Few people realize that there is
any connection at all between the great medieval French cathedrals of Chartres
and Mont St. Michel, the neoclassical landscapes and fake ruins of William Kent
and Capability Brown, the paintings of Salvatore Rosa and Francisco Goya, the
classic horror stories of Frankenstein and Dracula, the films of director David
Lynch, the postmodern theories of Michel Foucault and Jean Baudrillard, and
the goth pop artists Poppy Z. Brite and The Cure! What connects them is something
called “gothic,” a term that has had many embodiments and meanings over the
last one thousand years, but which came into its own in the Enlightenment, and
still has a life of its own. You probably know some goths; you might even be
In general the gothic might be said to invoke a universal fascination with human transgression, retribution and salvation – or the absence thereof. The gothic has generally been a versatile mode of imagination, usually coming into existence in response to moments of high cultural achievement and confidence, by inventing visions of dystopia – invoking terror, mystery, despair, malignity, human smallness and isolation – all of which have, since the “gothic revival” in the seventeenth century, gratified, chilled or distressed consumers of paintings, ornaments, buildings, literature, cinema, music and clothes.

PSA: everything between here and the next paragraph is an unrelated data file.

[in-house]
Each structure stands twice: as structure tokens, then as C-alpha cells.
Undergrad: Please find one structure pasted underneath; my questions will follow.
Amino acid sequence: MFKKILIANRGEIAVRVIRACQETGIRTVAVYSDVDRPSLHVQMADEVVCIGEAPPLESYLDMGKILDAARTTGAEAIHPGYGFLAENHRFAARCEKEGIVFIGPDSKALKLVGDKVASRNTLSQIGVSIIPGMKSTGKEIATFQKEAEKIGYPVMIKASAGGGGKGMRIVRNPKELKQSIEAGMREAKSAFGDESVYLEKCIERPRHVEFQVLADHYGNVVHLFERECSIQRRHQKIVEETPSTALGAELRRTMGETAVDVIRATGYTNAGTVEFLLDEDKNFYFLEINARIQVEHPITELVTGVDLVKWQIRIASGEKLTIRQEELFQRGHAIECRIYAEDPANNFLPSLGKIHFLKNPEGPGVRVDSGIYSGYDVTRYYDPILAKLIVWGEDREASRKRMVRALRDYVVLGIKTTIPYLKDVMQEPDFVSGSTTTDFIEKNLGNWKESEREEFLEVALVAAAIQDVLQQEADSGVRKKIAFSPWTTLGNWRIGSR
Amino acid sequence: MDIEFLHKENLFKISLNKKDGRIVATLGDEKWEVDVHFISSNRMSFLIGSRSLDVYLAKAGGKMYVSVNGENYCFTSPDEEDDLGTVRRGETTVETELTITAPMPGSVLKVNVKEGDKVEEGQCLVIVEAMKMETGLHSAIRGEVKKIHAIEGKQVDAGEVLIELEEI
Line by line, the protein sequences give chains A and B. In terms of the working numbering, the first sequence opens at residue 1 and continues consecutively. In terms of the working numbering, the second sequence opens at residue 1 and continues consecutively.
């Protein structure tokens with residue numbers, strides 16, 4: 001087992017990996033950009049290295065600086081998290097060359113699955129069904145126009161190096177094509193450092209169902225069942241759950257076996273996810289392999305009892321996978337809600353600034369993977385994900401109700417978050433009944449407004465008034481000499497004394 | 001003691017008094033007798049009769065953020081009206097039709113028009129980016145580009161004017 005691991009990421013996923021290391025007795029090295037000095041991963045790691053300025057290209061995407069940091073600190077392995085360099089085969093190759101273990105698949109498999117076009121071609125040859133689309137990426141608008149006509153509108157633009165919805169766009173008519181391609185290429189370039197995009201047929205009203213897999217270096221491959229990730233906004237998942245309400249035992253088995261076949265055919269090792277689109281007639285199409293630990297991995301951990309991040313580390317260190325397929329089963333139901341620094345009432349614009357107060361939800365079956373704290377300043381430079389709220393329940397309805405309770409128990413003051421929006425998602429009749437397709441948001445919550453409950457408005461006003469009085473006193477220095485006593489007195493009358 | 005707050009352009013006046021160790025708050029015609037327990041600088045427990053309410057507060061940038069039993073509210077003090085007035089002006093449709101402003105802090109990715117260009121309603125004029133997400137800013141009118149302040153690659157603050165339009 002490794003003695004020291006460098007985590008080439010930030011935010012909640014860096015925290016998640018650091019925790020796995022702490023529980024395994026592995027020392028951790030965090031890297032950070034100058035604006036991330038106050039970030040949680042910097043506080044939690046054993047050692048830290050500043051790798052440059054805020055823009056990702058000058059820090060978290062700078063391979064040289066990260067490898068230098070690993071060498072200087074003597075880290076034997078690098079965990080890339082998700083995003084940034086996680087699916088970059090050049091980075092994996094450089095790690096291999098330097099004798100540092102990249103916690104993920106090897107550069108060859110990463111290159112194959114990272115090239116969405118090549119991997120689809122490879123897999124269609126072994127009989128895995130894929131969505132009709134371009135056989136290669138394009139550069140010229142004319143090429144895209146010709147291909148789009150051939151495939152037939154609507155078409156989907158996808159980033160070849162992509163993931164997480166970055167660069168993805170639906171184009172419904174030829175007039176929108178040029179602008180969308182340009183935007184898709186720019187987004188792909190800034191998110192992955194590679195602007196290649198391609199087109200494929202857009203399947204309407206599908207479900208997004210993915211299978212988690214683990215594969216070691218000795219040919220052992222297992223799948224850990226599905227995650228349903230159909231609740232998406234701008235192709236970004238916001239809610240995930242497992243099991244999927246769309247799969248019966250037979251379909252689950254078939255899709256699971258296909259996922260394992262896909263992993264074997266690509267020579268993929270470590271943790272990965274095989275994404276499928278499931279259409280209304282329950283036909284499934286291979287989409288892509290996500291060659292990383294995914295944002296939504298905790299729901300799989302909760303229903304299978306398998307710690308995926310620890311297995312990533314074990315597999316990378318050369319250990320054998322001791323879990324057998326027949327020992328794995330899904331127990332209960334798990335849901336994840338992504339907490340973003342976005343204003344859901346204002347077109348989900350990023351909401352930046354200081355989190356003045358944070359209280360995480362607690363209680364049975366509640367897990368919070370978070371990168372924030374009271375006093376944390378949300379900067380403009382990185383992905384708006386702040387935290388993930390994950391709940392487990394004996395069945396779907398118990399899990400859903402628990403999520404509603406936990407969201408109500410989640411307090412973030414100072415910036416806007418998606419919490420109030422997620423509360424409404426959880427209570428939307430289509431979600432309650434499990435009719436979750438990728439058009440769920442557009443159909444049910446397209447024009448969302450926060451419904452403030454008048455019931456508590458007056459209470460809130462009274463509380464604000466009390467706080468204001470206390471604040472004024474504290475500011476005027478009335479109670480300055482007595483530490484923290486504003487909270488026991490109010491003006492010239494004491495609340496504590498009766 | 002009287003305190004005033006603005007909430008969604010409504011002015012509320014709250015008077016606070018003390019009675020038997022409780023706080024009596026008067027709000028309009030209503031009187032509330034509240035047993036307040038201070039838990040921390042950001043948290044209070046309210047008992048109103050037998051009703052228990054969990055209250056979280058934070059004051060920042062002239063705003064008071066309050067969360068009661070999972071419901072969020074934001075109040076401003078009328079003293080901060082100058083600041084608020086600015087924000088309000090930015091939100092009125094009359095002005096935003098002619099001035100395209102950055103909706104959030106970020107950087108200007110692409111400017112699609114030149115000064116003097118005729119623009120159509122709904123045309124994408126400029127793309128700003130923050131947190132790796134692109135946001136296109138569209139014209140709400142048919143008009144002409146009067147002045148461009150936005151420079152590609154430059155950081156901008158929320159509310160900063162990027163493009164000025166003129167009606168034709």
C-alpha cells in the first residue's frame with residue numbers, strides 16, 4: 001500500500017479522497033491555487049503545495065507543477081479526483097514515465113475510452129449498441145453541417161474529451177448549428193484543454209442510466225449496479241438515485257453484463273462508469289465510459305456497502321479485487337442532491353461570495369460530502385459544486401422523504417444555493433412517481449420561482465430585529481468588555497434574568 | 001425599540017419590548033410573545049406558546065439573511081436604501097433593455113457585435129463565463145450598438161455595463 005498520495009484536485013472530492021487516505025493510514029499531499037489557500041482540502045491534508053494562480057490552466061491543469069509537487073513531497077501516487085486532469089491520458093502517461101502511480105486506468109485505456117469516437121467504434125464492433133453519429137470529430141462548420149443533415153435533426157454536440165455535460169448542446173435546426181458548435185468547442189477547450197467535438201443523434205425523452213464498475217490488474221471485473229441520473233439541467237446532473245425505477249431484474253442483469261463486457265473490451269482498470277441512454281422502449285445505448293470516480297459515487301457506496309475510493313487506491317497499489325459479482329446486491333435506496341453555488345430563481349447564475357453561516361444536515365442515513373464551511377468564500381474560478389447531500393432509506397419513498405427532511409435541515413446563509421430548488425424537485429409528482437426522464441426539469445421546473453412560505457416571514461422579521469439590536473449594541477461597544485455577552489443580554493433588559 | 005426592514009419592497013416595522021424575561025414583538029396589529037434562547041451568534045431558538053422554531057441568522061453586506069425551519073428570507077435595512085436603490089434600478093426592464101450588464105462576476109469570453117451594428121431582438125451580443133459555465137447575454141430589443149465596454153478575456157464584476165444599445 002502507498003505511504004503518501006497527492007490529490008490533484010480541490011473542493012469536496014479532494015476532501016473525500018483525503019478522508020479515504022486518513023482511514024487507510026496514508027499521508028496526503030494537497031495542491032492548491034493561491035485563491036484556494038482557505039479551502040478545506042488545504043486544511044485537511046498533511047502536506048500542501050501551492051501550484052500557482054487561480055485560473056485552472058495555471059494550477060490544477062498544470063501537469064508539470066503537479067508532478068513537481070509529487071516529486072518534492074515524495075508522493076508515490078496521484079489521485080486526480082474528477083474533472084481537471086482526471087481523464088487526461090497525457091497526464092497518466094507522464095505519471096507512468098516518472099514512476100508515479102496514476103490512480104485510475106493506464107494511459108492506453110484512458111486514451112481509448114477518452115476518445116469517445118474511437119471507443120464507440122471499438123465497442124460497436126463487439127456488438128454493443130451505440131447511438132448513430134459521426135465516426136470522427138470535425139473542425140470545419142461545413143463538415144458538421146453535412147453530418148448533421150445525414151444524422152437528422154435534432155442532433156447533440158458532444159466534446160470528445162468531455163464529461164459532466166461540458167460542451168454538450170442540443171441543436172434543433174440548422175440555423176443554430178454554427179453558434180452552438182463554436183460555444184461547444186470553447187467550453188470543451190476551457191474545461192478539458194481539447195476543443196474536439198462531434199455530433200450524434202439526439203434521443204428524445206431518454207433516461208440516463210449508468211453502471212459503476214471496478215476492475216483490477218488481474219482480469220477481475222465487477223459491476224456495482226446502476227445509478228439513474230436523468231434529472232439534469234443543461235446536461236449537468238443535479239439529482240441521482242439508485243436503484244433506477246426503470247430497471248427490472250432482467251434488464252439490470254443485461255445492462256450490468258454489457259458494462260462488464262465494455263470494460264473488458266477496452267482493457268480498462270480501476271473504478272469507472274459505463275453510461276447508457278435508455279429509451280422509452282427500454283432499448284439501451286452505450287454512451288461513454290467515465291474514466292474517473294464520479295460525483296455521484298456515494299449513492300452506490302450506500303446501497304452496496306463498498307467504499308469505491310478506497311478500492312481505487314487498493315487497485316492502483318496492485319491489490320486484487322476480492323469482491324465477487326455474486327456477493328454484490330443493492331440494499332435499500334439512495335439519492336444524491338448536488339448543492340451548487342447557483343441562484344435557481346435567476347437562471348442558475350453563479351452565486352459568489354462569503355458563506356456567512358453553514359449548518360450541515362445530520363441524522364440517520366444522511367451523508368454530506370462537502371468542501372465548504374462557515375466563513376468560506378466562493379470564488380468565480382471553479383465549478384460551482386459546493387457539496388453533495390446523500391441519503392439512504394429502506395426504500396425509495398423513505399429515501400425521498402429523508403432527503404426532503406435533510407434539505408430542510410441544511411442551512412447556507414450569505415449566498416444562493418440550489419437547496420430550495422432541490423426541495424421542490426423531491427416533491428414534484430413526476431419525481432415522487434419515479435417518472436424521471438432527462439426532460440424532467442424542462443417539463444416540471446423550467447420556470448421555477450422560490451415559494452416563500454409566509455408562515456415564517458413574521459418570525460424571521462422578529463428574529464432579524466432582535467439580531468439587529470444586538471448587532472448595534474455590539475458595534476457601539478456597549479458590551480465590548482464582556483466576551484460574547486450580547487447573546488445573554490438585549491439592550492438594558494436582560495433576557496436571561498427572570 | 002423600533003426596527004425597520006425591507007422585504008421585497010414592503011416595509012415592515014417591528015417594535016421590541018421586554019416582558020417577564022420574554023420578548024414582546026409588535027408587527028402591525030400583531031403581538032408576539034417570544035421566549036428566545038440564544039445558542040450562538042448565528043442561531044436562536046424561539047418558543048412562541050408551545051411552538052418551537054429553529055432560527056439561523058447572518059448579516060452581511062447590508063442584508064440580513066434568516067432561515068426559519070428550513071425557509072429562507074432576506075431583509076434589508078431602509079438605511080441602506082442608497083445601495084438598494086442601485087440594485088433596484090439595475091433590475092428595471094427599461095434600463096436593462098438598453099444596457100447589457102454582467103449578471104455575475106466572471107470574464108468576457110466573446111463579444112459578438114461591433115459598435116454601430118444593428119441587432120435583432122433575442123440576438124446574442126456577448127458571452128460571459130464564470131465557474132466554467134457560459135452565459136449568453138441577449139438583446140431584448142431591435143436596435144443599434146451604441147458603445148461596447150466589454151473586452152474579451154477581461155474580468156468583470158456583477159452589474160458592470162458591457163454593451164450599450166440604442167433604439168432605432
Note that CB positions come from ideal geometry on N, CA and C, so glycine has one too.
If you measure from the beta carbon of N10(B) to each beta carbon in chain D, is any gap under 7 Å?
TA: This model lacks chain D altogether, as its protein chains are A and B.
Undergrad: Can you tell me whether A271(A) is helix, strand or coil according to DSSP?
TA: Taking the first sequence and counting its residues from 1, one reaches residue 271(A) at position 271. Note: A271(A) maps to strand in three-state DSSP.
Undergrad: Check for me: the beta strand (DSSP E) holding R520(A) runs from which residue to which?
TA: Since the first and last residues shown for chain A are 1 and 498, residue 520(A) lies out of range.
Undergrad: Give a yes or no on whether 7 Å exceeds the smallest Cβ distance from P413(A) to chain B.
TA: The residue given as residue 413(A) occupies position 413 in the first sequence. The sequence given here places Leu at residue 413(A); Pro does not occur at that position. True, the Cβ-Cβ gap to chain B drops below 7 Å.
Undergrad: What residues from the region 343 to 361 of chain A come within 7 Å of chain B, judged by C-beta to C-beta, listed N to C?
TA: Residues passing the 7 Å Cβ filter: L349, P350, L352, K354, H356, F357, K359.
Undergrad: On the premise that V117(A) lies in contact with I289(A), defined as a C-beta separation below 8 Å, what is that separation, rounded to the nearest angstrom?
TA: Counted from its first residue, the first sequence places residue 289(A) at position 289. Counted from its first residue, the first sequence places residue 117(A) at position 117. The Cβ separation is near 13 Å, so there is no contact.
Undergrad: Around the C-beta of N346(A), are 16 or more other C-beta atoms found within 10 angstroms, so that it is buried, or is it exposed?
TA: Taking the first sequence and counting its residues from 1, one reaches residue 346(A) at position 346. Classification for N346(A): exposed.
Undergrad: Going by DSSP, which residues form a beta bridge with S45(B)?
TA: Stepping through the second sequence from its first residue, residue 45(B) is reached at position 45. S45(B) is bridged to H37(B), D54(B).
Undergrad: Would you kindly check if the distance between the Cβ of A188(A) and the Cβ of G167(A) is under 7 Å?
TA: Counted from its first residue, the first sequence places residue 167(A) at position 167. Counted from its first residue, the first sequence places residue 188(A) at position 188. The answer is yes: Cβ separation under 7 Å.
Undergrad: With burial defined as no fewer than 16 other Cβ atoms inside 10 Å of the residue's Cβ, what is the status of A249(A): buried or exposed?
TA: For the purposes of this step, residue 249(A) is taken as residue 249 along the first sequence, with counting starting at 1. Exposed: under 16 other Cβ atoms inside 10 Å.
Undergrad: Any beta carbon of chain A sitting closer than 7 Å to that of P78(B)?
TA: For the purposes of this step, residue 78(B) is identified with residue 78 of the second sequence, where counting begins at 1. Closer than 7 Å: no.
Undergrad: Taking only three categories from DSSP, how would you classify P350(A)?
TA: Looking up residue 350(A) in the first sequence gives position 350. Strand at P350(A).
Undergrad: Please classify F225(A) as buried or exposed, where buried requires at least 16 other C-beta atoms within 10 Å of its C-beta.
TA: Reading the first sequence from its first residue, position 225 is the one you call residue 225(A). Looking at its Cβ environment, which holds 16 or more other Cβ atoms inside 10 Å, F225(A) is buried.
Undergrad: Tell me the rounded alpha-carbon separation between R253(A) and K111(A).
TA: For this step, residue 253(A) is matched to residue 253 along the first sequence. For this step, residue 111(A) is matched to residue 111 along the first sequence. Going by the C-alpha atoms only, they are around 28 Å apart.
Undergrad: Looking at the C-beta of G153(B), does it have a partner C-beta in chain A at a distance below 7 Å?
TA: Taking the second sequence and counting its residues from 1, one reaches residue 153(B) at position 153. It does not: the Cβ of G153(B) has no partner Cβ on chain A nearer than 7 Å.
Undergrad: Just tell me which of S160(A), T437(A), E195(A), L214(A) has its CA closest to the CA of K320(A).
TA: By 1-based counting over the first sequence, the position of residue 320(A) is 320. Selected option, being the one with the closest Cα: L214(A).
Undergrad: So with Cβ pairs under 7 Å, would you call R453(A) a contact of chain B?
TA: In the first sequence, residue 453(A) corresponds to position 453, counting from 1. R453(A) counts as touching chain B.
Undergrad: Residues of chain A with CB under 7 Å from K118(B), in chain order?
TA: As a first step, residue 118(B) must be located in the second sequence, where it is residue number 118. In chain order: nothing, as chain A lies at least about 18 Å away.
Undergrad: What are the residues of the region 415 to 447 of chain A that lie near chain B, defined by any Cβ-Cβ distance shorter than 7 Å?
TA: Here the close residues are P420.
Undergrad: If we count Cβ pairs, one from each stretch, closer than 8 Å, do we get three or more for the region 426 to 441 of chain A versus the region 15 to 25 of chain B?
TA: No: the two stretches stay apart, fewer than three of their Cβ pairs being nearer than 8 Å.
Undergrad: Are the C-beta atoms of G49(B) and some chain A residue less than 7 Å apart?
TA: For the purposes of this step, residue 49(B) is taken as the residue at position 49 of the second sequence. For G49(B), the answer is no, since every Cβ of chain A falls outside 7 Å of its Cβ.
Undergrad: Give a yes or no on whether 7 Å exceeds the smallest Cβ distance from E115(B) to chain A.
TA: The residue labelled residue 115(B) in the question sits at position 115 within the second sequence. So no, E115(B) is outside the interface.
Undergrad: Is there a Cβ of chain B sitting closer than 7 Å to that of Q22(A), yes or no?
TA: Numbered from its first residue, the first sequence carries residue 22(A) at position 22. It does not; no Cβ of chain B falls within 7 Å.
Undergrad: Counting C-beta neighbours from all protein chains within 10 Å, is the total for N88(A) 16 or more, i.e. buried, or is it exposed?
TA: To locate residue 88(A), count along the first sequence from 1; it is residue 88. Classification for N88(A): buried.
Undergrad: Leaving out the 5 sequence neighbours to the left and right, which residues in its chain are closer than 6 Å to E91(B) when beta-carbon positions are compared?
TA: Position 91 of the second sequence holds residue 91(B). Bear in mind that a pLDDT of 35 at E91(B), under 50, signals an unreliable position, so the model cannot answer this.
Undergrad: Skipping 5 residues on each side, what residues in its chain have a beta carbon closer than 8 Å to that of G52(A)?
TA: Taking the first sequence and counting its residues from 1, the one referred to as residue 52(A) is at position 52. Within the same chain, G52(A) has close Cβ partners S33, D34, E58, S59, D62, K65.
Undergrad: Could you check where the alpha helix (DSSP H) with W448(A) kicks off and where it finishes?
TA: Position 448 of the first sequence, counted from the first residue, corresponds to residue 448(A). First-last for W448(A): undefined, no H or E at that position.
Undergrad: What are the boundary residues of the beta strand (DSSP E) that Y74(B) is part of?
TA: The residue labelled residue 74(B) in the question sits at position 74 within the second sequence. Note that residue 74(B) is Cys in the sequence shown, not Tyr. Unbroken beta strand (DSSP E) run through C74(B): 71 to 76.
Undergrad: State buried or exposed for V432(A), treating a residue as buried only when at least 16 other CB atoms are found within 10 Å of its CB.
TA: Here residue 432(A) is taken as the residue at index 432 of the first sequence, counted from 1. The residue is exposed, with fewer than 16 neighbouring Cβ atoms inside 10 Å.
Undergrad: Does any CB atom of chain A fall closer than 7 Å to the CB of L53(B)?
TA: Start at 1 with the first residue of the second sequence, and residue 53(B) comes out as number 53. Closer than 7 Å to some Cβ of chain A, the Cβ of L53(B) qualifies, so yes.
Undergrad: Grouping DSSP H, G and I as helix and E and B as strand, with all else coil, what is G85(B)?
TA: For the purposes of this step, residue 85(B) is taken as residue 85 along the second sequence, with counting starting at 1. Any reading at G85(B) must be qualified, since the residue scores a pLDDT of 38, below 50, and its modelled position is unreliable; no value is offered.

This course will sketch in some of the main formal and historic characteristics of the gothic, from medieval times to the present. But it will focus on the high water marks of the gothic revival in the European Enlightenment and its main transformations in the culture of modern Britain and America. It will thereby hope to teach you something about the past, the present, and about readings texts of different kinds, whether linguistic, pictorial, or filmic. Our material will come from fictions, paintings, architecture, film, theory, and music. The course will center on our discussions of required texts, incorporate small group and independent research work, and involve various forms of writing and presentations.
INSTRUCTOR: Greg Clingham
This course fulfills the following